Document Type


Date of Degree

Spring 2017

Degree Name

MS (Master of Science)

Degree In

Biomedical Engineering

First Advisor

Hans J. Johnson

First Committee Member

Edwin L Dove

Second Committee Member

Jatin Vaidya


Analysis of surface models reconstructed from human MR images gives re- searchers the ability to quantify the shape and size of the cerebral cortex. Increasing the reliability of automatic reconstructions would increase the precision and, therefore, power of studies utilizing cortical surface models. We looked at four different workflows for reconstructing cortical surfaces:


2) FreeSurfer + LOGISMOS-B;

3) BAW + FreeSurfer + Machine Learning + LOGISMOS-B;

4) Standard FreeSurfer(Dale et al. 1999).

Workflows 1-3 were developed in this project. Workflow 1 utilized both BRAINSAutoWorkup(BAW)(Kim et al. 2015) and a surface reconstruction tool called LOGISMOS-B(Oguz et al. 2014). Workflow 2 added LOGISMOS-B to a custom built FreeSurfer workflow that was highly optimized for parallel processing. Workflow 3 combined workflows 1 and 2 and added random forest classifiers for predicting the edges of the cerebral cortex. These predictions were then fed into LOGISMOS-B as the cost function for graph segmentation. To compare these work- flows, a dataset of 578 simulated cortical volume changes was created from 20 different sets of MR scans. The workflow utilizing machine learning (workflow 3) produced cortical volume changes with the least amount of error when compared to the known volume changes from the simulations. Machine learning can be effectively used to help reconstruct cortical surfaces that more precisely track changes in the cerebral cortex. This research could be used to increase the power of future projects studying correlations between cortical morphometrics and neurological health.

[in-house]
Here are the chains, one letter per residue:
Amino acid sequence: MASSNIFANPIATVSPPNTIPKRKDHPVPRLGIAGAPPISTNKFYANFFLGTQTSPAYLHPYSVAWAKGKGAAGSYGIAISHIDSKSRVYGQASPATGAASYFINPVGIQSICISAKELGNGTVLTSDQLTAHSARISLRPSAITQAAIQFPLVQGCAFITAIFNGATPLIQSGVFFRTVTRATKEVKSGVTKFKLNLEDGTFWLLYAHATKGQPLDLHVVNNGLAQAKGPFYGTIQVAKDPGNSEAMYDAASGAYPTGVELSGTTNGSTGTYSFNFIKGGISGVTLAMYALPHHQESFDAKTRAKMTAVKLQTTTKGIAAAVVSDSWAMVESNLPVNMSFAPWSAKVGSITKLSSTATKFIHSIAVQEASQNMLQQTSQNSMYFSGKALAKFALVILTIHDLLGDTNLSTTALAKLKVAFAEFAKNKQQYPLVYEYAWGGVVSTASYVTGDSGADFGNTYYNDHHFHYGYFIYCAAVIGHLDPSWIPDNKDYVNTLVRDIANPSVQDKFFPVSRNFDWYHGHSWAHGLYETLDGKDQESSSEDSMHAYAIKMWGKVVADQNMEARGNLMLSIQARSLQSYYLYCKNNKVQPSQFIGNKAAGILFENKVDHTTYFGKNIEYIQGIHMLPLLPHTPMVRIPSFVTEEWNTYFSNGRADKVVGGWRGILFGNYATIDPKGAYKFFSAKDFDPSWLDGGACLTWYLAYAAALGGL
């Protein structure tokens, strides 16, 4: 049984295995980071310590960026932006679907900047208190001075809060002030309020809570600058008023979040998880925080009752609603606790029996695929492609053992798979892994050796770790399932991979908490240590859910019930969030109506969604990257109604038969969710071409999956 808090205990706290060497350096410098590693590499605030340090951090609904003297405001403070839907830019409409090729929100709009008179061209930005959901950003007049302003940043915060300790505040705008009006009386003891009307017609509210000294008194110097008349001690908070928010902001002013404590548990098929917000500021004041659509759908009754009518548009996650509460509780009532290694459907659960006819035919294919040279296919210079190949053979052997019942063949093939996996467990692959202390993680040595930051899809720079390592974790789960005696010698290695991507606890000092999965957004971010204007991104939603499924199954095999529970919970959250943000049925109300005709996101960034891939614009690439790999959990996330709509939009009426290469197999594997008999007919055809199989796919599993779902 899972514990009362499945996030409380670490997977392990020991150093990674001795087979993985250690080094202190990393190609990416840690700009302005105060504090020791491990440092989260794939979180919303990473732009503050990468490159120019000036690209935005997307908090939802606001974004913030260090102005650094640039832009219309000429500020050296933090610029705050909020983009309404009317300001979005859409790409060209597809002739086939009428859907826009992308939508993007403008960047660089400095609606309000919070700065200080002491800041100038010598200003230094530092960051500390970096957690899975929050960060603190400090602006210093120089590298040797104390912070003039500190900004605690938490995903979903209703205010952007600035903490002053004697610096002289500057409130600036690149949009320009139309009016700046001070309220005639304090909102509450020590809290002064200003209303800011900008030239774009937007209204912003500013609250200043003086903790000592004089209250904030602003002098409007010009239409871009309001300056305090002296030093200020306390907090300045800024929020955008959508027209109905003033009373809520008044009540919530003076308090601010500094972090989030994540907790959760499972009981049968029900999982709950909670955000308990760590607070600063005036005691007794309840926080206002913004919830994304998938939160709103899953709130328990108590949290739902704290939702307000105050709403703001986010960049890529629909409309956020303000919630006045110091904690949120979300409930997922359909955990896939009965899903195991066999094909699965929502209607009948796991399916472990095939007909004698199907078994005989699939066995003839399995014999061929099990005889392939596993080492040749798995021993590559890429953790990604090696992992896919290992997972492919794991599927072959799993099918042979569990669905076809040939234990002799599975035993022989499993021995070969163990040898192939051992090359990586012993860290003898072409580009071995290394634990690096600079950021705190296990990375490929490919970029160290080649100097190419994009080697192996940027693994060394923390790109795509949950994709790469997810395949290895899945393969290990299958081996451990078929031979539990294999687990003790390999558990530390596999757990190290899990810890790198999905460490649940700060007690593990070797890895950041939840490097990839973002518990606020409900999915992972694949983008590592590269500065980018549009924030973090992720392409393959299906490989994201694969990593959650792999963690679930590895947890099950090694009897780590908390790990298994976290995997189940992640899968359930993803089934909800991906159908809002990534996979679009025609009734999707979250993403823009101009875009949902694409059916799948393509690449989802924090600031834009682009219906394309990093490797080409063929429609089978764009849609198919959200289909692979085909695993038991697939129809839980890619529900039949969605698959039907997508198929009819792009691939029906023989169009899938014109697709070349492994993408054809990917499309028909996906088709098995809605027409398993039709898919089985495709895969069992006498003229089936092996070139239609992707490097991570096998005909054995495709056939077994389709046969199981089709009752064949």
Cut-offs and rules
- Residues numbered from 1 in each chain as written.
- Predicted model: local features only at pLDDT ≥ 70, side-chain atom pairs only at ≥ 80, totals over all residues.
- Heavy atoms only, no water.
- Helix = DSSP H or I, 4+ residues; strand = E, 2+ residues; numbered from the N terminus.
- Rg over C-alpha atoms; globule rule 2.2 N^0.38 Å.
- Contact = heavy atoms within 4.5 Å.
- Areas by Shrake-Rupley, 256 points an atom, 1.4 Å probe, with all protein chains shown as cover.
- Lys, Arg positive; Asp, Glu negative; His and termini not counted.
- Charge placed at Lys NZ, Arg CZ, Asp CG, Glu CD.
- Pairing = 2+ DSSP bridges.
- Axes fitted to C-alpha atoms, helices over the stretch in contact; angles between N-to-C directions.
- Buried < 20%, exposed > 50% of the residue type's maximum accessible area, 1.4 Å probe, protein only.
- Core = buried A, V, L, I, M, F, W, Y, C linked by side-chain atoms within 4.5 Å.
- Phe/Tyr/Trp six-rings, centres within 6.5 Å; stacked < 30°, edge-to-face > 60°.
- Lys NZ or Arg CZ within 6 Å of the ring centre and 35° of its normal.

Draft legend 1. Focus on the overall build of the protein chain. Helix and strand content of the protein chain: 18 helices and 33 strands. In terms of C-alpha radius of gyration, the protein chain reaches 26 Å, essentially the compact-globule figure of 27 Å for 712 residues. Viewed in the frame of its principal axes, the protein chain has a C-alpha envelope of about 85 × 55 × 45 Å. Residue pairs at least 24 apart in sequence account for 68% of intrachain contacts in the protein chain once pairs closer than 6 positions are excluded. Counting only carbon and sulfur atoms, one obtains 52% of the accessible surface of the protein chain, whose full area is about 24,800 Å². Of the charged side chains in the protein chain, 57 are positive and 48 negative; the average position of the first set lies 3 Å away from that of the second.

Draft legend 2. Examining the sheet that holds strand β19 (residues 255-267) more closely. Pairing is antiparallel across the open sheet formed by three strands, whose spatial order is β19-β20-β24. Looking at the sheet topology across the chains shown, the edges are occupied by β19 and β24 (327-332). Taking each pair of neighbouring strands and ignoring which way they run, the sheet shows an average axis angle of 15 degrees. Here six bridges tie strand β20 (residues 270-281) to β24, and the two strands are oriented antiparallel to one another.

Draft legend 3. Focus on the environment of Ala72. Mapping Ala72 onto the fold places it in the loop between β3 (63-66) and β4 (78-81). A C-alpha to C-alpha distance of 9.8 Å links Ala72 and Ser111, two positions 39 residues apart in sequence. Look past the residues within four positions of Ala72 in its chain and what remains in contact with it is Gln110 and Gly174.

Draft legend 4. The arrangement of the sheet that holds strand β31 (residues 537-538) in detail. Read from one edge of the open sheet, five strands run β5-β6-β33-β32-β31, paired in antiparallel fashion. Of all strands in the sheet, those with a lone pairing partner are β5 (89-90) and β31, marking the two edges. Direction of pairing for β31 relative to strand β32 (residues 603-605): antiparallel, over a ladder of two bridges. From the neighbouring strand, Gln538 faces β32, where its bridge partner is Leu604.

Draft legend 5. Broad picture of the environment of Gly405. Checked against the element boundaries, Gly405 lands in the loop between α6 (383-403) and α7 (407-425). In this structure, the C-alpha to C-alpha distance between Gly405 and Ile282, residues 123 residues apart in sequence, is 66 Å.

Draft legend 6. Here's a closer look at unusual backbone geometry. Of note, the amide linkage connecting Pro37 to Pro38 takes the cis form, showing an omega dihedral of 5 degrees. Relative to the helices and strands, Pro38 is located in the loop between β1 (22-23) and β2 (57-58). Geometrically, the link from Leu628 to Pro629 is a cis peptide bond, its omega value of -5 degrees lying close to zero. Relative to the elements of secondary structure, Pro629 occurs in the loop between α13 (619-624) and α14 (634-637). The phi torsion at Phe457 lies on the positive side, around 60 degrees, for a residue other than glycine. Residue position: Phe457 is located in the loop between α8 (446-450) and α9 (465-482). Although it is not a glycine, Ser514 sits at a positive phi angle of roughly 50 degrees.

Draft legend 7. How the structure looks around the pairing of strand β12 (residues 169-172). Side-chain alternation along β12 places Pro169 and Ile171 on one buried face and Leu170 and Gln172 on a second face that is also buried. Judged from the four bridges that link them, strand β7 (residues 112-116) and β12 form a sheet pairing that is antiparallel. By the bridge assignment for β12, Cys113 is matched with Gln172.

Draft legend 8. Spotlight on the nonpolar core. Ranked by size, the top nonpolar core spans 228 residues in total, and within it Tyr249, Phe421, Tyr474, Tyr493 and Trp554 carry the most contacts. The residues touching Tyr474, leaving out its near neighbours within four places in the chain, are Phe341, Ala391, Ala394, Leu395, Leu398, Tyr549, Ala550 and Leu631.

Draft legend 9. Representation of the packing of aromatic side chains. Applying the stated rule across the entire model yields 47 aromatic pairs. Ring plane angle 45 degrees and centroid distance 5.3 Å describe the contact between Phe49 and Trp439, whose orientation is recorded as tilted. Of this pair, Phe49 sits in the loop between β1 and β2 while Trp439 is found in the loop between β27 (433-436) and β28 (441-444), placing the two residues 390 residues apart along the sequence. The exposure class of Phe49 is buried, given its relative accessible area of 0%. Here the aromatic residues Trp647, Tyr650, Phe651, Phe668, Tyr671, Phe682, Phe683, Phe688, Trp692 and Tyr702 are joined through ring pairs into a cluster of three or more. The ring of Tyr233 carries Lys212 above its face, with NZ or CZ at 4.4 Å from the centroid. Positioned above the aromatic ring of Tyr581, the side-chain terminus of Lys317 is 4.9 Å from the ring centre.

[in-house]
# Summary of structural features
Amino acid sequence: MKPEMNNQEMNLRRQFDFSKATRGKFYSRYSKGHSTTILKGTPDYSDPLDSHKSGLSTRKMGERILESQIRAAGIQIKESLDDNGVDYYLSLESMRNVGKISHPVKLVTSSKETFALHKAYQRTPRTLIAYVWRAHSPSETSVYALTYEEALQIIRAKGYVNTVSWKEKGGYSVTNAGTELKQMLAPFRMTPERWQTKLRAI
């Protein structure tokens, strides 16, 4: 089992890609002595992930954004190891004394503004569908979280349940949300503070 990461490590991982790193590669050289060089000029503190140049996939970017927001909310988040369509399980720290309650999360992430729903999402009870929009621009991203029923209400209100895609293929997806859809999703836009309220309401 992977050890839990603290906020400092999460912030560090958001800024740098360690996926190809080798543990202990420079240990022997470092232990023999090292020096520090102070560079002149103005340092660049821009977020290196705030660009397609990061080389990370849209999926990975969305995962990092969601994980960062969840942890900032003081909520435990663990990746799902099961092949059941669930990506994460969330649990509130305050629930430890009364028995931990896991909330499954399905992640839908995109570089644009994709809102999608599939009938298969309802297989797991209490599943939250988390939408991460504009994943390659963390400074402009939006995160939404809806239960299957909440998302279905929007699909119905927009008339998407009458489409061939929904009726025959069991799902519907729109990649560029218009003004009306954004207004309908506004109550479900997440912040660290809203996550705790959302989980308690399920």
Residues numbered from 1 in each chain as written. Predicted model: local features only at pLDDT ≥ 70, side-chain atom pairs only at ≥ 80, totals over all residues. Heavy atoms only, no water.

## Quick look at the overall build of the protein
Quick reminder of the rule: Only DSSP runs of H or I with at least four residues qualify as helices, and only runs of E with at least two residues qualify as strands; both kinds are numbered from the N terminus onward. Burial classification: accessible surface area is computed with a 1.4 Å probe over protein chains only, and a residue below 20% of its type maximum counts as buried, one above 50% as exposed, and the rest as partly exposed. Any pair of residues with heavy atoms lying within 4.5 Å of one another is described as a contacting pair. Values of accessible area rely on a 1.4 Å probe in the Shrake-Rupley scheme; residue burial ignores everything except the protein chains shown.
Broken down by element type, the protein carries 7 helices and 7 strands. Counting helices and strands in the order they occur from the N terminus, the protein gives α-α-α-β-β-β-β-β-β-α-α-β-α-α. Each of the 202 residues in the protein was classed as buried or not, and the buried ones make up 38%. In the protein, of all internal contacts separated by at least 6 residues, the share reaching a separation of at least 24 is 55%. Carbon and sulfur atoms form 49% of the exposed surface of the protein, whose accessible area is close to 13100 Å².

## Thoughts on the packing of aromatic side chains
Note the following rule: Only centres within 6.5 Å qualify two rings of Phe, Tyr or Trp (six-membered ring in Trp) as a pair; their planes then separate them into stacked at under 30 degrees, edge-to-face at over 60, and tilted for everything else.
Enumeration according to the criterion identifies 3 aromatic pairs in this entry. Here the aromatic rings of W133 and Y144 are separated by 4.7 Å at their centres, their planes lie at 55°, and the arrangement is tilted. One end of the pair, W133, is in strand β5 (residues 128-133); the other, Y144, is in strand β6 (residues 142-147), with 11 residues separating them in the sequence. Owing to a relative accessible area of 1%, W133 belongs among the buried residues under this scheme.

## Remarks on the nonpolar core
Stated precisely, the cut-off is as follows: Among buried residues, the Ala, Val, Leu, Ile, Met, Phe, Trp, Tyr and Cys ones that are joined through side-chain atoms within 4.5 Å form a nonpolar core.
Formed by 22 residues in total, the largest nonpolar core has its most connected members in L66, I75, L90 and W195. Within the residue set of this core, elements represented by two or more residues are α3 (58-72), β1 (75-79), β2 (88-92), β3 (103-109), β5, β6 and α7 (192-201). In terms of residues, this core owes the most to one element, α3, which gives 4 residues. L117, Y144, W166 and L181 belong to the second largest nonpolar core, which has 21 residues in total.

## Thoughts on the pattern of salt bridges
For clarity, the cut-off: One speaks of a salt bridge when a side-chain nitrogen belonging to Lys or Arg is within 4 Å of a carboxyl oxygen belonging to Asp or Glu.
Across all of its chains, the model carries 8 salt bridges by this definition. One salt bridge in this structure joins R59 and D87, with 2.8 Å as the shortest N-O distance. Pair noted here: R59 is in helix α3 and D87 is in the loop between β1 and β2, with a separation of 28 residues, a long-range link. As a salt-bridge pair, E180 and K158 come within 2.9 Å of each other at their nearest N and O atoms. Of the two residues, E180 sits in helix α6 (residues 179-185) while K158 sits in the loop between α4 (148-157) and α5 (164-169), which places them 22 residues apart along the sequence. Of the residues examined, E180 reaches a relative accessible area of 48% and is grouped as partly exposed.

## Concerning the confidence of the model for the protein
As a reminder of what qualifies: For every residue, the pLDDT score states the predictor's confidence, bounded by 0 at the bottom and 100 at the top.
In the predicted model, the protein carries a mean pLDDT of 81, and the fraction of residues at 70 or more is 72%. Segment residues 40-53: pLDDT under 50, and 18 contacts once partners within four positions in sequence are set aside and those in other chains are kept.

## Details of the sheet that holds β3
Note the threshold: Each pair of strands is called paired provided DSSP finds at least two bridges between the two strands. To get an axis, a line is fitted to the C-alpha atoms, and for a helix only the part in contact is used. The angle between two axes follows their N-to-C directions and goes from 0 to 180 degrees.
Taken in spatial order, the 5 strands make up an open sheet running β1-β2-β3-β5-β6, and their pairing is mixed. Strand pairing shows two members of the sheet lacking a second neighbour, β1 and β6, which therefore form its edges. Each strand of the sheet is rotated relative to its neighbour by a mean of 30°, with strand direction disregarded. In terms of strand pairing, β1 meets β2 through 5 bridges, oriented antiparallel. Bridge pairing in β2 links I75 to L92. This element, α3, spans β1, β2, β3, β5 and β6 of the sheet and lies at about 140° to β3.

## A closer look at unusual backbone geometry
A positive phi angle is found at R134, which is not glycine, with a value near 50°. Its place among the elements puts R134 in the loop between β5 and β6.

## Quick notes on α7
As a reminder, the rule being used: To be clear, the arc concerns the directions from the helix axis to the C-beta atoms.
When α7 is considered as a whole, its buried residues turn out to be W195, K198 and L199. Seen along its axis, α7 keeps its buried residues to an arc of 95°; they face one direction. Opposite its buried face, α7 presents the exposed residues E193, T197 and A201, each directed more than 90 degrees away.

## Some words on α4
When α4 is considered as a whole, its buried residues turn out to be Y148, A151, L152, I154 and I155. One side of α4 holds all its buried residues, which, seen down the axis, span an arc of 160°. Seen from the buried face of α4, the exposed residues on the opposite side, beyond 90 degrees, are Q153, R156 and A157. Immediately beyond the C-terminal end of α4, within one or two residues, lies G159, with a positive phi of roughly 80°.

Public Abstract

For decades, evaluation of quantified metrics derived from human magnetic resonance imaging (MRI) studies have allowed researchers to advance the under- standing of the brain. Software innovation has allowed researchers to reconstruct three dimensional models of the surfaces that separate different types of tissue in the brain. Analysis of these models provides quantifiable features describing the shape and size of the brain. The reliability of these features is crucial for many research studies involving MRI scans of the brain.

The commonly used software for creating the three dimensional models rep- resenting the inner and outer edges of the cerebral cortex is FreeSurfer[4]. Although FreeSurfer is state-of-the-art, its reliability leaves much room for improvement. Furthermore, few, if any, alternatives to FreeSurfer exist.

Three methods for reconstructing the surfaces representing the edges of the cerebral cortex were created in this thesis. The methods were tested against FreeSurfer using a set of scans with simulated changes. The method that utilized machine learning to predict the locations of the edges of the cerebral cortex from the MRI scans proved to best detect the simulated changes.

Therefore, the machine learning method detailed in this work proved to be a promising alternative to FreeSurfer for reconstructing the surfaces of the cerebral cortex. Future research involving surface models of the cerebral cortex could be enhanced by using the machine learning method outlined in this thesis.


cortical reconstruction, machine learning, morphometrics, mri, random forest, surfaces


x, 62 pages


Includes bibliographical references (pages 56-62).


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Copyright © 2017 David G. Ellis